Following earlier efforts, 15 Massachusetts lawmakers are throwing their support behind a bill that would legalize and tax the sale of marijuana in the Bay State.
Under the legislation titled "An Act To Regulate and Tax The Cannabis Industry", people 21 years or older would be allowed to grow and possess limited amounts of marijuana. Under a so-called “Cannabis Commission,” growing, testing and retail locations would be regulated and require licenses. Much like alcohol regulation, local licensing authorities would also be established. Northampton activist Dick Evans is one of the lawyers involved in the legislation.
“The point of this legislation is first to eliminate the black market in marijuana and secondly to protect the public safety and health,” Evans said. “To protect teens, minors and young people and raise new revenue for the commonwealth.”
Democratic State Representative David Rogers and Senator Patricia Jehlen are leading the legislative effort. The bill has been sent to the Legislature’s joint judiciary committee. The idea has the backing of the Marijuana Policy Project, or MPP, a national group involved in similar efforts across the country. Matt Simon is the organization’s New England director.
“Massachusetts should legalize and regulate marijuana for adult use,” Simon said. “Massachusetts residents are spending hundreds of millions of dollars currently on marijuana in an illicit market and this would regulate it. Instead of giving it to criminals and drug-trafficking organizations it would go into Massachusetts businesses that employee Massachusetts residents and pay taxes and follow the laws of the state.”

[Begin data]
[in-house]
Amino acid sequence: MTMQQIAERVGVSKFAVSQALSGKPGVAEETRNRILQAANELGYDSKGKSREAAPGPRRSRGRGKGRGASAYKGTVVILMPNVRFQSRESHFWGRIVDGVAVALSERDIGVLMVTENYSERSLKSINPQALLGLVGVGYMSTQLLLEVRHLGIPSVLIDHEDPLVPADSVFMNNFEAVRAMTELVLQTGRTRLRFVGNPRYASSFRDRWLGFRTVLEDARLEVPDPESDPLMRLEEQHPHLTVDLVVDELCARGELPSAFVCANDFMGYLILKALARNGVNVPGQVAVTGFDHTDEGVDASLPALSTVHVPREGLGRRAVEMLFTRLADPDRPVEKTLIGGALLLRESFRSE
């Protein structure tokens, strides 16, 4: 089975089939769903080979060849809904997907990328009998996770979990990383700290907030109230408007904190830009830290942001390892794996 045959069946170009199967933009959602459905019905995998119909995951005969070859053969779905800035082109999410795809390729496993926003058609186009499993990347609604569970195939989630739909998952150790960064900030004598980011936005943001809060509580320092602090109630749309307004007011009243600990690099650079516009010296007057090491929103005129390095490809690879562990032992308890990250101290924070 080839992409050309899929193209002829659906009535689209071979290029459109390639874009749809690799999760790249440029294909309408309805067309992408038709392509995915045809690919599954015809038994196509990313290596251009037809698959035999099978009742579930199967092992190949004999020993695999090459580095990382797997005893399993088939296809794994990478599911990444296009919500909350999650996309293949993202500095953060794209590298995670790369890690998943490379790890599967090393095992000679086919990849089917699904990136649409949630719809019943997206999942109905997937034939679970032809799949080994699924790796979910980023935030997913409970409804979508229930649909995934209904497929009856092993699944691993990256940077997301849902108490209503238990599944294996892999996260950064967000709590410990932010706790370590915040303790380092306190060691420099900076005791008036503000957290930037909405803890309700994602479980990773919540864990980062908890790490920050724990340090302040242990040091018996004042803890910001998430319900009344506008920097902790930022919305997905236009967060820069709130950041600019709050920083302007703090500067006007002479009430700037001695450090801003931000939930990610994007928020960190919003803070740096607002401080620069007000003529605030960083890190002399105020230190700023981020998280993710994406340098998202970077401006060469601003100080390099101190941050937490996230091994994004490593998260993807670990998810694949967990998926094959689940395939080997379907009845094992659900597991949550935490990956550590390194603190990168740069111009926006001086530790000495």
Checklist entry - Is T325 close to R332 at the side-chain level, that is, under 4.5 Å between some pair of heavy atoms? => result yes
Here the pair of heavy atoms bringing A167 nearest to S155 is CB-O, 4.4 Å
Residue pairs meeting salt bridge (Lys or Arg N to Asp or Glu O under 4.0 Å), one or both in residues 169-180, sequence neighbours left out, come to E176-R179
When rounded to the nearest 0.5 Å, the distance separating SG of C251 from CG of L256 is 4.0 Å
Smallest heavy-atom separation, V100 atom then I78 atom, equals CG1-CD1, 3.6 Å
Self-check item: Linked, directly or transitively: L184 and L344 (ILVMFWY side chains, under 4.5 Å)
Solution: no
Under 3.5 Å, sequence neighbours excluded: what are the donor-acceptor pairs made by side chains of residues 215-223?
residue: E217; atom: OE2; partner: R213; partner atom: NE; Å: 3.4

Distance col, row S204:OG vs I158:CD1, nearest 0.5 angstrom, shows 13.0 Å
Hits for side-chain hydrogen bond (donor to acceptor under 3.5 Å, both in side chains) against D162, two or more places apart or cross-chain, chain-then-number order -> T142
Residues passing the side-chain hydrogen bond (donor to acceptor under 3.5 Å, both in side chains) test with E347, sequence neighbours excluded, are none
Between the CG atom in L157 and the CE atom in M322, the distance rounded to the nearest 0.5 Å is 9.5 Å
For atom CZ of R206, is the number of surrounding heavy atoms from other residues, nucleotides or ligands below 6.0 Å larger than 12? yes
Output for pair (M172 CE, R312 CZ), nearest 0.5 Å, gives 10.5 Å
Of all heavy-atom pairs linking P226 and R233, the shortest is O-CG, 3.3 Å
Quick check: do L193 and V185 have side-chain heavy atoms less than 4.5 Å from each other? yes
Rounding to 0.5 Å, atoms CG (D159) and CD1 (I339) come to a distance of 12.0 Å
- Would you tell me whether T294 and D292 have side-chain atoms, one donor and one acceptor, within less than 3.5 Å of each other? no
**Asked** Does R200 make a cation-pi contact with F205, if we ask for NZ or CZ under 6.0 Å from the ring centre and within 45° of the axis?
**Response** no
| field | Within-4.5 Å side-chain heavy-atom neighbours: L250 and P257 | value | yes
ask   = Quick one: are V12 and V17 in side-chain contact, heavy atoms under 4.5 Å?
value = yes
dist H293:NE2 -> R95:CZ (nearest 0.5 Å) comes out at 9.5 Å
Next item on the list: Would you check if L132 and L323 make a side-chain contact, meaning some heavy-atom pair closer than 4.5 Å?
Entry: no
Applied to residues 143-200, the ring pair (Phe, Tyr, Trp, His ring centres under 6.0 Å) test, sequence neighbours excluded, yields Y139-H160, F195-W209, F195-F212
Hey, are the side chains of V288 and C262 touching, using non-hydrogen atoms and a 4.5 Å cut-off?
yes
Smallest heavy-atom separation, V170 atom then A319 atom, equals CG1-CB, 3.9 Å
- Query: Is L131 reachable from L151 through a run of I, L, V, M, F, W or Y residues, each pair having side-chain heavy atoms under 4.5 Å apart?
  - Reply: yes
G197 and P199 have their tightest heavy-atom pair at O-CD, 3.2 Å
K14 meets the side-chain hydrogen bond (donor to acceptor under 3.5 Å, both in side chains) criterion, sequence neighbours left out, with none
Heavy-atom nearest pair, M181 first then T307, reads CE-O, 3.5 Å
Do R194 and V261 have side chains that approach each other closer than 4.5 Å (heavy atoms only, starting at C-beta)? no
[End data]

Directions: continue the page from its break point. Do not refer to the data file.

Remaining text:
The MPP says it will pursue a ballot question in 2016 if the legislation doesn’t pass. In recent years voters approved two pro-marijuana ballot questions, de-criminalizing possession and allowing for medical marijuana dispensaries. The latter sent state government, mainly the public health department, scrambling to set up systems to regulate that industry. Evans says the Cannabis Commission would be able to get in front of the issue.
“I’m not sure we can trust an existing state agency to implement such a new law and that was the idea behind cannabis commission,” Evans said. “To put people on it who know something about this subject and are not overwhelmed.”
Alluding to a 2016 ballot question, in a statement, Senator Jehlen says if marijuana is going to be legalized, the laws should be crafted through an open and deliberative process. The Massachusetts Medical Society has opposed medical marijuana and without taking a close look at the current legislation spokesman Rick Gulla says the society has the same feeling toward recreational use.
“You have issues of occupational safety, issues around people driving motor vehicles, but with particular regard to youth there is the issue of its effects on brain development,” said Gulla.
Simon of the Marijuana Policy Project says not regulating cannabis is causing greater issues.
“I would say that prohibition raises a larger public health and safety concern,” Simon said. “Illicit drug dealers don’t check IDs. Illicit drug dealers might sell harder drugs to marijuana users. If we sell marijuana in marijuana only stores it’ll be regulated. The state can actually have some control over this substance. We call it a controlled drug and yet under our current system we have absolutely no control over it.”
Evans says the legislation would also legalize “Cannabis cafes” public places where people could use marijuana.
“We would be the first state to authorize cannabis cafes if the legislation were enacted,” Evans said. “It seems to make sense. The important thing is these would be like coffee shops where would not be served. So probably they’d be close to what we know as coffee shops in Amsterdam.”
Evans says Colorado, one of four states where recreational marijuana use is legal, has generated $75 million in tax revenue since passing the law, not including secondary revenue like building costs.